To the novice aspiring to be a teacher, it is important he/ she examine very carefully why he or she wants to be a teacher. Teaching as it should be is not just another job: it is a mission and a vocation intended to mould the lives and characters of the young people put in one’s care. It must necessarily call for generosity and commitment. To be a good teacher, the novice must possess academic competence and also teaching skills that have been acquired by study and practical training. Love of children and young people is a must. It can be very rewarding because it is like looking after a young plant, seeing that it grows, matures and flowers and bring in consoling results from the gratitude of one’s pupils. They are citizens and, perhaps, community leaders of tomorrow.

Let the practising teacher remember that teaching is not just a job, an earthly career to ensure financial security. It can be all this but it is, above all a special vocation. The teacher who does not see things this way and is guided only by what he or she can get out of the job will easily feel frustrated and discouraged. The work then becomes a burden that is not worthwhile carrying on. This sense of vocation, of responsibility in the development of children to second the work of parents whose role the teacher assumes when on duty will make for commitment and perseverance. For the Christian Teacher, the profession assumes a new dimension: it is a work for eternity in the care of the Lord’s dear ones, each of whom is precious in His sight. Jesus words are clear on this subject – “Let the children come to me.” (See Matt. 19:14; Mark 10:14; Luke 18:16). See also Daniel 12:3, “... they that instruct many unto righteousness shall shine like stars for all eternity.” Next to parents/ guardians, teachers are the irreplaceable formators of the citizens of tomorrow.

A sense of belonging: more heart than head – Datin Paduka Rev Sister Enda Ryan FMM

Of course being principal also had its ups, especially in the days when principals could really feel free to impart their own particular vision and philosophy to pupils and staff ... to leave their own mark on the school. Days which brought all together informally, in a spirit of fun and friendship, such as Teachers’ Day, were valued and enjoyed no end. On such occasions, and also at DAILY assemblies, one could impart a sense of belonging, a sense of being one family ... taking the opportunity to transmit the importance of prayer in times of sadness or joy. A privileged position, really.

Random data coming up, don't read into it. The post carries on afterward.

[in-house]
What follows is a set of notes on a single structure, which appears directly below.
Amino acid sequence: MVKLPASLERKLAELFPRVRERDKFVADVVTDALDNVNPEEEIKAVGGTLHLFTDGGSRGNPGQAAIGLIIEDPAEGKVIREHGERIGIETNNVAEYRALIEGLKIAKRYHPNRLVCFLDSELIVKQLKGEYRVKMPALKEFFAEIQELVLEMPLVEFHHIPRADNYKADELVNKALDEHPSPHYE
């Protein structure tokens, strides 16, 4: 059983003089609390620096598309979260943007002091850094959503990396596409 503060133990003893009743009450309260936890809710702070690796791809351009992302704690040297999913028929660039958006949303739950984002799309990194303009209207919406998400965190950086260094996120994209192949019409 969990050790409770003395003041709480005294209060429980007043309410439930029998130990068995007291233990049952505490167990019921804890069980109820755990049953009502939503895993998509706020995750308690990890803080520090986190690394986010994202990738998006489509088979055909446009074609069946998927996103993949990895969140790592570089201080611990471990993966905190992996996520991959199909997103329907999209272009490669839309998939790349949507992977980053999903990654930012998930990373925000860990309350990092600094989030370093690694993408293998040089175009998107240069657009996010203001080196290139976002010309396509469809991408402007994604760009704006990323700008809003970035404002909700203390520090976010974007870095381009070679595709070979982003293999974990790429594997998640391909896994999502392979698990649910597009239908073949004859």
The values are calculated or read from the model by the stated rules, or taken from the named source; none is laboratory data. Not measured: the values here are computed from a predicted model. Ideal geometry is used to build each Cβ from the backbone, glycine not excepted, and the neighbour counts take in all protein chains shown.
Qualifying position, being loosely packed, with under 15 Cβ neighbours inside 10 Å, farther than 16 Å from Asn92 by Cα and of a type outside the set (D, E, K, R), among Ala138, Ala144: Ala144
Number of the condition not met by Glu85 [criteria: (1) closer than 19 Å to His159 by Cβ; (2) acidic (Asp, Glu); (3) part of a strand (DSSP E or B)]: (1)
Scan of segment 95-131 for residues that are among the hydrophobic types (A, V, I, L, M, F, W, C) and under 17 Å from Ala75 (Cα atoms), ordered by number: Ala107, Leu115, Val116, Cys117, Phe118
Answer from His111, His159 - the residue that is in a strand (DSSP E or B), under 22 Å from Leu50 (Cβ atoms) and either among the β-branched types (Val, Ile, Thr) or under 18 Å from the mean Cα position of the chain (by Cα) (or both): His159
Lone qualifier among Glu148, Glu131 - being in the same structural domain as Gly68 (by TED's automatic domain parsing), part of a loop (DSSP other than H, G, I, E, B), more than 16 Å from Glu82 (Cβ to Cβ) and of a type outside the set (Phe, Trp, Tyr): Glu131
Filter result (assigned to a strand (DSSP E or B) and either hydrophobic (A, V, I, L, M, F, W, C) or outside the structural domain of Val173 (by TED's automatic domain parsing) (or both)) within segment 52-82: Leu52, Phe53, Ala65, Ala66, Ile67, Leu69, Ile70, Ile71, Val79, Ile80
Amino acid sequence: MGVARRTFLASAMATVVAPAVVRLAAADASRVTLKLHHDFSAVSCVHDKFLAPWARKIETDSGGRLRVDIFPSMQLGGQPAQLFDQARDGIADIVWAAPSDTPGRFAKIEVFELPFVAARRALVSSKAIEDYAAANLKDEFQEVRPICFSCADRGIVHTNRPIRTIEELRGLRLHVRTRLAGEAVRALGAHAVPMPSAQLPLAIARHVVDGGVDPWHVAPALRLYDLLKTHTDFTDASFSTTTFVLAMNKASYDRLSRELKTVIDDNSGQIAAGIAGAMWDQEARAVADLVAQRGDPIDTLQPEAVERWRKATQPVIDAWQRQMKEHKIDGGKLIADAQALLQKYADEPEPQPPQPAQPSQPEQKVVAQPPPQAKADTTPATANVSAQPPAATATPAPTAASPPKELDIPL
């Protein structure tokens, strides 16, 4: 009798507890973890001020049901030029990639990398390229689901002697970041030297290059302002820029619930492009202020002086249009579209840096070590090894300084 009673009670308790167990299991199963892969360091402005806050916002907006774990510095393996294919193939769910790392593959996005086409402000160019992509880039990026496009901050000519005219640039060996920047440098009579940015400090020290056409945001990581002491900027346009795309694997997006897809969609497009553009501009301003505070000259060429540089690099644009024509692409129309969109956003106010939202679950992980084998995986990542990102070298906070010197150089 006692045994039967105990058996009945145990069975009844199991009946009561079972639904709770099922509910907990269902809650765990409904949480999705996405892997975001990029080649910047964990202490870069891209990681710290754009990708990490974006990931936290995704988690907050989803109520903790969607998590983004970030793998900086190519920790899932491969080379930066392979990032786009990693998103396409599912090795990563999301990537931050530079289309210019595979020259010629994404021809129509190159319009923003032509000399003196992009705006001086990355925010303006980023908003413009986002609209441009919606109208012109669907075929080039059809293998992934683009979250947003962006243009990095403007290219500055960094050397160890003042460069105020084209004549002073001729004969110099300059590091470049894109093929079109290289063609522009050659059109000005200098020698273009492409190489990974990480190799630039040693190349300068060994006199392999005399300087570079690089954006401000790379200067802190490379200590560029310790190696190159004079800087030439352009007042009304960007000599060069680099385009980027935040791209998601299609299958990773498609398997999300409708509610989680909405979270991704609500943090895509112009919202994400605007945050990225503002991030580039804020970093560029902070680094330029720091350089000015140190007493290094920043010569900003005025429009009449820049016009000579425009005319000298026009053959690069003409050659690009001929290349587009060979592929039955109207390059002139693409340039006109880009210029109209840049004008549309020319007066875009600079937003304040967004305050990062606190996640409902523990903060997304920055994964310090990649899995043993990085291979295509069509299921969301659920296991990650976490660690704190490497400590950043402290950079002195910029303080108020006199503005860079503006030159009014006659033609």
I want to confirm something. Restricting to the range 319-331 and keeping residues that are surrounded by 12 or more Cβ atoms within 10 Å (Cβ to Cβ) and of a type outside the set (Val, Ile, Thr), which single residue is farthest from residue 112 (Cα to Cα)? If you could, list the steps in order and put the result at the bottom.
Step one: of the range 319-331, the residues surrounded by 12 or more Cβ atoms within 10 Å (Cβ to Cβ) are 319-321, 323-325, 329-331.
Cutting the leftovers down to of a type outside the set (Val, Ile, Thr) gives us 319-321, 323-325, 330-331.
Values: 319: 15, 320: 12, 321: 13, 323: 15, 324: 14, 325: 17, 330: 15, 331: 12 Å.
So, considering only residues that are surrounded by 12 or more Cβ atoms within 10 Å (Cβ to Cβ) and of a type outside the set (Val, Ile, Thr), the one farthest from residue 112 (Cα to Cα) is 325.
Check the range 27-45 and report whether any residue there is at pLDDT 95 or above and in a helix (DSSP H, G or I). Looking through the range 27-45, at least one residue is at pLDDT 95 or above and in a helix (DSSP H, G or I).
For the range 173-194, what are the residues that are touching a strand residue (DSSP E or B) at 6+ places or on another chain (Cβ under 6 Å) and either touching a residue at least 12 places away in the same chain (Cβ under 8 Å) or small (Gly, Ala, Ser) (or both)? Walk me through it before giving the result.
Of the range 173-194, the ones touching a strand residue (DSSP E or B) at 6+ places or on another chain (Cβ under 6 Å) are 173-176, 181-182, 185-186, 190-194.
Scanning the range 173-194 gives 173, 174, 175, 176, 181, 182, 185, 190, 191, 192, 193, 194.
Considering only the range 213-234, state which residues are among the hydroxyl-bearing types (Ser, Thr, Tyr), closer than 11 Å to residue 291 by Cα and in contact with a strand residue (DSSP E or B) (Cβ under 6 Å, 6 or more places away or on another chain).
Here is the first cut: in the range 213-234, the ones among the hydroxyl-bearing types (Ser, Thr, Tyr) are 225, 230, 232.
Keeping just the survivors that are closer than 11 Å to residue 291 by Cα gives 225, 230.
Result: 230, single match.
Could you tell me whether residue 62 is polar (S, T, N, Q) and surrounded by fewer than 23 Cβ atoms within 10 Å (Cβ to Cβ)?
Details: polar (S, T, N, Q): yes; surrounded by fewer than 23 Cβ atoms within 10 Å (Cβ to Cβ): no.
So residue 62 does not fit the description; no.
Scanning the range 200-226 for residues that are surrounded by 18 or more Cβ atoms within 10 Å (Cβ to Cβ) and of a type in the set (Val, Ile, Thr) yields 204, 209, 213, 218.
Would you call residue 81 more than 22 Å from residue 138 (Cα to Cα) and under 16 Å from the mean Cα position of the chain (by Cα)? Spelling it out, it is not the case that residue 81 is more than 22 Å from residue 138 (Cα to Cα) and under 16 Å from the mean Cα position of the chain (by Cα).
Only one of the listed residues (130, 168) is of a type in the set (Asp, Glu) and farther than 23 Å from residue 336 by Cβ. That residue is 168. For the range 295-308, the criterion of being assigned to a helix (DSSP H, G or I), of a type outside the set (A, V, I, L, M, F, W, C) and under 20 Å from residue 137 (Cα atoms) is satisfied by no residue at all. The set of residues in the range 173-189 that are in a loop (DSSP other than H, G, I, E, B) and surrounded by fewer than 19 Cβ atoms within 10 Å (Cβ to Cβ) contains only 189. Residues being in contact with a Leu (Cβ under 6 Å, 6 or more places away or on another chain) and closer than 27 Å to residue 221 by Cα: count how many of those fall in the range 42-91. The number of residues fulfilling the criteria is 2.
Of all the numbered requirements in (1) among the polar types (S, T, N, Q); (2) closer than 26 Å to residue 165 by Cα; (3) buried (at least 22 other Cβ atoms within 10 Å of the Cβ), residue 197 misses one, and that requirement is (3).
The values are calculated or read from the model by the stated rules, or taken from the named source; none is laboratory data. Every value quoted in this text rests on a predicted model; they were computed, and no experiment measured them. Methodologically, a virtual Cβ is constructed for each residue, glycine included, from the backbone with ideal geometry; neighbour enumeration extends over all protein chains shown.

Broadly speaking, I tended to favour use of the heart rather than the head, based on my favourite dictum of St. Francis de Sales: “A spoonful of honey attracts more flies than a barrelful of vinegar”. Of course this involved much listening to long-winded explanations from all parties concerned, but usually brought about a general understanding of their motivations, clarified miscommunications and, hopefully, promoted better human relations all round. This was particularly effective when parents had complaints (real or imagined) against staff members. And, despite, at times being criticized for a too soft approach, I was guided and consoled by another rule-of-life, given by one I consider to have been a ‘Gospel woman par excellence’, as I left for Missionlands. “If you have to err, err on the kind side”.

A rural posting demonstrates God’s faithfulness – Satkunamary Gnanakan

Sometimes when we are there in the rural areas we wonder where God is or what He is doing about our situation. He has proven to me if He leads He will lead all the way no matter what the terrain. And so our rural postings are not wasted years. It is the very place where the Lord holds our hand to lead us one step at a time. Sometimes we are so cut off but the Lord never forgets us. His grace will see us though. I needed the rural experiences to recognize and realize this truth that He is always there. It was in the rural areas that I really learnt about my job.

God will give you generations to call you blessed – Elena Cooke

Did God give that young teacher generations to call her blessed? Will God give you generations to call you blessed? Surely only Heaven will tell the full, astounding extent of a Christian teacher’s influence.

If the truth were told, many Christian teachers are failures: failed doctors, failed lawyers, failed accountants. The reasons are many. Unhappy circumstances at home during that crucial examination year, a lack of money, examination nerves.